Ceyhan7  2010  Germany  296  Retrospective  184/112  62.8  60  73 (24.7)  UICC 2009  IIa  OS 
Chandrasinghe8  2013  Sri Lanka  226  Retrospective  123/103  59  60  25 (11.06)  AJCC  AJCC I/II/III/IV  OS 
Dresen9  2009  Netherlands  277  Retrospective  163/104  62  66  20 (7.22)  UICC  I/II/III  OS 
Guillem10  2005  USA  297  Retrospective  186/111  62  44  27 (9.09)  AJCC  AJCC I/II/III/IV  OS 
Kim11  2011  Korea  797  Prospective  515/282  59  44.7  215 (26.9)  AJCC  AJCC I/II/III  OS 
Knudsen12  1983  Denmark  682  Retrospective  324/358  67 (mean)  NR  34.4 (Dukes), 33.1 (Broders)  Duke/Broders  Dukes A/B/C, Broders I/II/III/IV  OS 
Lim13  2012  Singapore  320  Prospective  212/108  64  45  48 (15)  AJCC  I/II/III  OS/DFS 
Peng14  2011  China  173  Retrospective  109/64  57  49  42 (24.28)  NR  II  OS/DFS/Recurrence 
Poeschl15  2010  Austria  381  Retrospective  NR  NR  56  NR  NR  NR  NR  OS/DFS 
Rullier16  2005  France  495  Prospective  313/182  65 (mean)  48  31(15.5)  5th UICC  II/III  OS/DFS 
Ueno17  2001  Japan  364  Prospective  222/142  60.6 (mean)  92  52 (14)  NR  NR  OS/Recurrence 
Peng18  2011  China  124  Retrospective  53/71  50  72 (median)  12 (9.7)  AJCC  OS/DFS 
Stewart19  2008  USA  304  Retrospective  157/147  66  27 (median)  11 (5.21)  6th AJCC  I/II/III/IV  DFS 
Lee20  2012  Korea  328  Prospective  222/106  59  45 (median)  66 (20.1)  7th AJCC  I/II/III  OS, DFS 
Dhadda21  2014  UK  158  Prospective  105/53  65  40  58 (17.72)  NR  II/III  DFS 
Bognel22  1995  France  339  Retrospective  166/173  61.8  61  115 (34)  Astler-Coller  A,B,C  OS 
Liebig5  2009  USA  66  Retrospective  NR  NR  81  19 (30)  NR  TNM  I/II/III/IV  DFS, OS 
Vlad23  2012  Romania  317  Prospective  201/116  54 (mean)  66  60 (19)  TNM  I/II/III/IV  DFS, OS 
a

A, all the patients undergo treatment; AJCC, American Joint Committee on Cancer; DFS, disease-free survival; N, none of patients accept the therapy; NR, not reported; OS, overall survival; S, some of the patients undergo treatment; PNI+, rectal cancer with perineural invasion; R, rectum; SD, standard deviation; UICC, Union for International Cancer Control.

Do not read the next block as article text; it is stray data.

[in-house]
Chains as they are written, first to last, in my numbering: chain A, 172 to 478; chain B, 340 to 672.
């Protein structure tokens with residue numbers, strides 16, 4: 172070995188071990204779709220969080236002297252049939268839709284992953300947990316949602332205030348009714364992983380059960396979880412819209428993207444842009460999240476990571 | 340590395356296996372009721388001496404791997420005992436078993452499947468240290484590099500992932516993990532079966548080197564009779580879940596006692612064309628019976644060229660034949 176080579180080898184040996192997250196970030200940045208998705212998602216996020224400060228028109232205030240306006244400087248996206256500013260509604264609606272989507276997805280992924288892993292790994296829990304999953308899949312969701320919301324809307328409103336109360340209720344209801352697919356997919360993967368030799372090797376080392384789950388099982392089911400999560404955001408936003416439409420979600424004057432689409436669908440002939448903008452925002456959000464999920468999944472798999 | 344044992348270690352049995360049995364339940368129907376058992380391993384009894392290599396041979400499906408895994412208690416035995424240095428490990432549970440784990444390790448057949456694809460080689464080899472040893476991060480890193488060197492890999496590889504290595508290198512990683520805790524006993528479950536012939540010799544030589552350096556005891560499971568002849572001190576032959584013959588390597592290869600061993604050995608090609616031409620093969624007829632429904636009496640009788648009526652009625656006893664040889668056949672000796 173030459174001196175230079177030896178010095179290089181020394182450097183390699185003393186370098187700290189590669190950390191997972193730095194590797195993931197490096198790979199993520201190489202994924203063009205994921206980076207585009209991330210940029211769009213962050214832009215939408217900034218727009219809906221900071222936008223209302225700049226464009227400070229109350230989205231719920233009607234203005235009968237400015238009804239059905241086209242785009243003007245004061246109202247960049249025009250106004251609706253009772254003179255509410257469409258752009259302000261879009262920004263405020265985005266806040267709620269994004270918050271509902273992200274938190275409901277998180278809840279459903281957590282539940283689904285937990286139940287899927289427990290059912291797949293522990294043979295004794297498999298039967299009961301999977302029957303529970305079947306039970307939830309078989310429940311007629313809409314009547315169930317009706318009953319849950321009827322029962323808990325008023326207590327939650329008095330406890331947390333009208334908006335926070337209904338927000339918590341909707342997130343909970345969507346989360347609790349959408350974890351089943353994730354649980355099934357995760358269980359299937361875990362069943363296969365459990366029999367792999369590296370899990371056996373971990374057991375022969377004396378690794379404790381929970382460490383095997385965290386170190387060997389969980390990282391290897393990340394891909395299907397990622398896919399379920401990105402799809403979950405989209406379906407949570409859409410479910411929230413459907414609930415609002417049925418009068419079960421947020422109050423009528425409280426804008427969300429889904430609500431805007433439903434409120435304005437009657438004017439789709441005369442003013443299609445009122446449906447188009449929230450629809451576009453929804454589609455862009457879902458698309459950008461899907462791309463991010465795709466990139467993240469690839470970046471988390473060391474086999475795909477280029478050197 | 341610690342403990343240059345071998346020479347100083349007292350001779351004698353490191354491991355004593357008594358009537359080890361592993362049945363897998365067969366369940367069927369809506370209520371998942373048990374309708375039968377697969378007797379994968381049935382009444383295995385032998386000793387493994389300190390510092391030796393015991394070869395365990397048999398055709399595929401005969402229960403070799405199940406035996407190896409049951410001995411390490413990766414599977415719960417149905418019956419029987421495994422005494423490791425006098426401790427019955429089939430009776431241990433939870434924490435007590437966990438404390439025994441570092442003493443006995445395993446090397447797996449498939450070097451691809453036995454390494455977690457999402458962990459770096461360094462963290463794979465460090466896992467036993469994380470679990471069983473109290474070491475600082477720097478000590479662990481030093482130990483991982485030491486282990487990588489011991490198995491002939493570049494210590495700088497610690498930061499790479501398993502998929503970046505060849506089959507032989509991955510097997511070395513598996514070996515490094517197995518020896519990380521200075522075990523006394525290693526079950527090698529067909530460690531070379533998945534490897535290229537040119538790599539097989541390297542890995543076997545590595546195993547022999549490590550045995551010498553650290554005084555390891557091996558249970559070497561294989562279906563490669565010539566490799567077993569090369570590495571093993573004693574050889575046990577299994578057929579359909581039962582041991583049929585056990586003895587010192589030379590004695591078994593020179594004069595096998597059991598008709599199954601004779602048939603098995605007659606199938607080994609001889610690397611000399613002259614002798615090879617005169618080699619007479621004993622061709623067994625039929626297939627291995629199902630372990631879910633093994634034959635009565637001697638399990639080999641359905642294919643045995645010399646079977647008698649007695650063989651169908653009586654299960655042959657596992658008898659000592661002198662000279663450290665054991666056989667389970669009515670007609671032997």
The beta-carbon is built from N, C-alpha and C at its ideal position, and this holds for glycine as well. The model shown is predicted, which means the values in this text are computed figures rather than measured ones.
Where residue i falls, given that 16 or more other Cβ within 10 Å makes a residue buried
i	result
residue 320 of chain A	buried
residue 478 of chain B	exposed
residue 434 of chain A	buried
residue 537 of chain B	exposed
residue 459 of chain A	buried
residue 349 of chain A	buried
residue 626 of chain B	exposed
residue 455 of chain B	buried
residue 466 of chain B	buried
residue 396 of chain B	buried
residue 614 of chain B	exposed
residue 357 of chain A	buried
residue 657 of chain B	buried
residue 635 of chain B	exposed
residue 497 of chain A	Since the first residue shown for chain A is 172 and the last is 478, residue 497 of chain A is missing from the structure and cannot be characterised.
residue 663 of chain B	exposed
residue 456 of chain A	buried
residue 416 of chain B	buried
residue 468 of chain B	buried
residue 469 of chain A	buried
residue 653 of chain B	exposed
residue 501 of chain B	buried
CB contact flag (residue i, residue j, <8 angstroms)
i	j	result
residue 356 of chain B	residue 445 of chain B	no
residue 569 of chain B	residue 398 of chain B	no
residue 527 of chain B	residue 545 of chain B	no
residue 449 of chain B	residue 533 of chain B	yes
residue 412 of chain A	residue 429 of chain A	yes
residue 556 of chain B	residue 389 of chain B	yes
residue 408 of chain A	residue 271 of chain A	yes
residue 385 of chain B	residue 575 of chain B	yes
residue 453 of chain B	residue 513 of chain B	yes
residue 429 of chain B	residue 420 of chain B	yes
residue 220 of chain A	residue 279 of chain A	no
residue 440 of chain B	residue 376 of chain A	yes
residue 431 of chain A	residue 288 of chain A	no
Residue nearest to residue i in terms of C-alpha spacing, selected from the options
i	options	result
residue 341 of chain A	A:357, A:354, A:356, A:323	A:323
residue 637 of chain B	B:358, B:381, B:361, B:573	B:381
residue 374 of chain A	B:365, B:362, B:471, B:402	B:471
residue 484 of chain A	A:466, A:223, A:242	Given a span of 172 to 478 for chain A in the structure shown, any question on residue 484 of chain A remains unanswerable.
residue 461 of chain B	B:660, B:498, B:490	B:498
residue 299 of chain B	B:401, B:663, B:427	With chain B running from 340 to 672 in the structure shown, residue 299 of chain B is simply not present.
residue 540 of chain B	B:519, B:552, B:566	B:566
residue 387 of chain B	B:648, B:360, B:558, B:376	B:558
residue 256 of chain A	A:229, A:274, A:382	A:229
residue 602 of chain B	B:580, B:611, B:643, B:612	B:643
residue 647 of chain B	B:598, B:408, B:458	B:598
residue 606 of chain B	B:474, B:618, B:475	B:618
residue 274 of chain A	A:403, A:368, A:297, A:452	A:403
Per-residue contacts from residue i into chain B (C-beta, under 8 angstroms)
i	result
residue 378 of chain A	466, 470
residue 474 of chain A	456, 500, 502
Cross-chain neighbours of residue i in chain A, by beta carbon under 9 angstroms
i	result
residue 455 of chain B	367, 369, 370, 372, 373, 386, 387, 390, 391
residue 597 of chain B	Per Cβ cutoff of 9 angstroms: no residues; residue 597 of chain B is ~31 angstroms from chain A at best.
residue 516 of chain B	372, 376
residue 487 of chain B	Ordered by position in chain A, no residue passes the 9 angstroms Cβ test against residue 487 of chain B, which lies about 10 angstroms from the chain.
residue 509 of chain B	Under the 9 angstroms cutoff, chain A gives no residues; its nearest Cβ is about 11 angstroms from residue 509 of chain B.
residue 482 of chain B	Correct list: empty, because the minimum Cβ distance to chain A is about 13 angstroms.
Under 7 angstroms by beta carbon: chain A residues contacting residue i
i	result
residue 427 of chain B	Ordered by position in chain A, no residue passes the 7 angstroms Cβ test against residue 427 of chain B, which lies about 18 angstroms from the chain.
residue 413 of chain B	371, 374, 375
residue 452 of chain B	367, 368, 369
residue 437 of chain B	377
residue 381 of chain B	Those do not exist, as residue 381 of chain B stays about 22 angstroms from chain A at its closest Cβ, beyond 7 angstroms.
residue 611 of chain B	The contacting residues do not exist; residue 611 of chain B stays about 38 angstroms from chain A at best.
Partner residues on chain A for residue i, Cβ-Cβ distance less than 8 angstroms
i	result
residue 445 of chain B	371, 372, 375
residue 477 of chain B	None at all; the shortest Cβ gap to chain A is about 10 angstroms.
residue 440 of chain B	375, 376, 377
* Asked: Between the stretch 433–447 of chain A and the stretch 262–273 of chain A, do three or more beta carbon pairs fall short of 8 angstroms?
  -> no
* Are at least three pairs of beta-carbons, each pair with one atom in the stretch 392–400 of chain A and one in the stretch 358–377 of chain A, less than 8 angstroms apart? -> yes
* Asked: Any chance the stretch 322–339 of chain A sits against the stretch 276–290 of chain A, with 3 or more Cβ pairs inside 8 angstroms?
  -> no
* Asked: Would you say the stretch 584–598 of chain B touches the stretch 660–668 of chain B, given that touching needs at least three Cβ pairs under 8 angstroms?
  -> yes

In the included 19 studies, there were 5 studies where all patients in the study had neo-adjuvant treatment.6,11,16,20,21 The number of patients in the above group was 2272. Four of these were prospective studies while one was a retrospective study.

In two of the nineteen studies, none of the patients had neo-adjuvant treatment.12,14 An additional two studies, did not report use of neo-adjuvant treatment in their patients.3,15 In the remaining ten studies, some of the patients had accepted neo-adjuvant treatment.

PNI positivity ranged from 5% to 34% among the included studies with a follow up mean which ranged from 27 months to 92 months.

While most of the studies used American Joint Committee on Cancer classification, some used Dukes, Broders and Astler-Coller. The stage groupings ranged from Stage I to IV. The quality of the studies was assessed using the Jadad score or the Oxford quality scoring system. The scores ranged from 1 to 3 among the included studies. A funnel plot was obtained and the results were symmetrical.

Effect of PNI on overall survival (OS)

Data on the effect of PNI on the overall survival was obtained from ten studies and the number of patients included in these studies was 3487. Univariate analysis of the studies showed that the overall survival was reduced in patients with PNI +ve rectal cancers (HR=1.30; 95% CI 1.13–1.50; p<0.01). A funnel plot showed no evidence that there was significant publication bias. Also there was no significant heterogeneity in the studies included (χ2=36.88, df=9, p<0.0001); I2=76%; total overall effect: Z=38.85 (p<0.00001).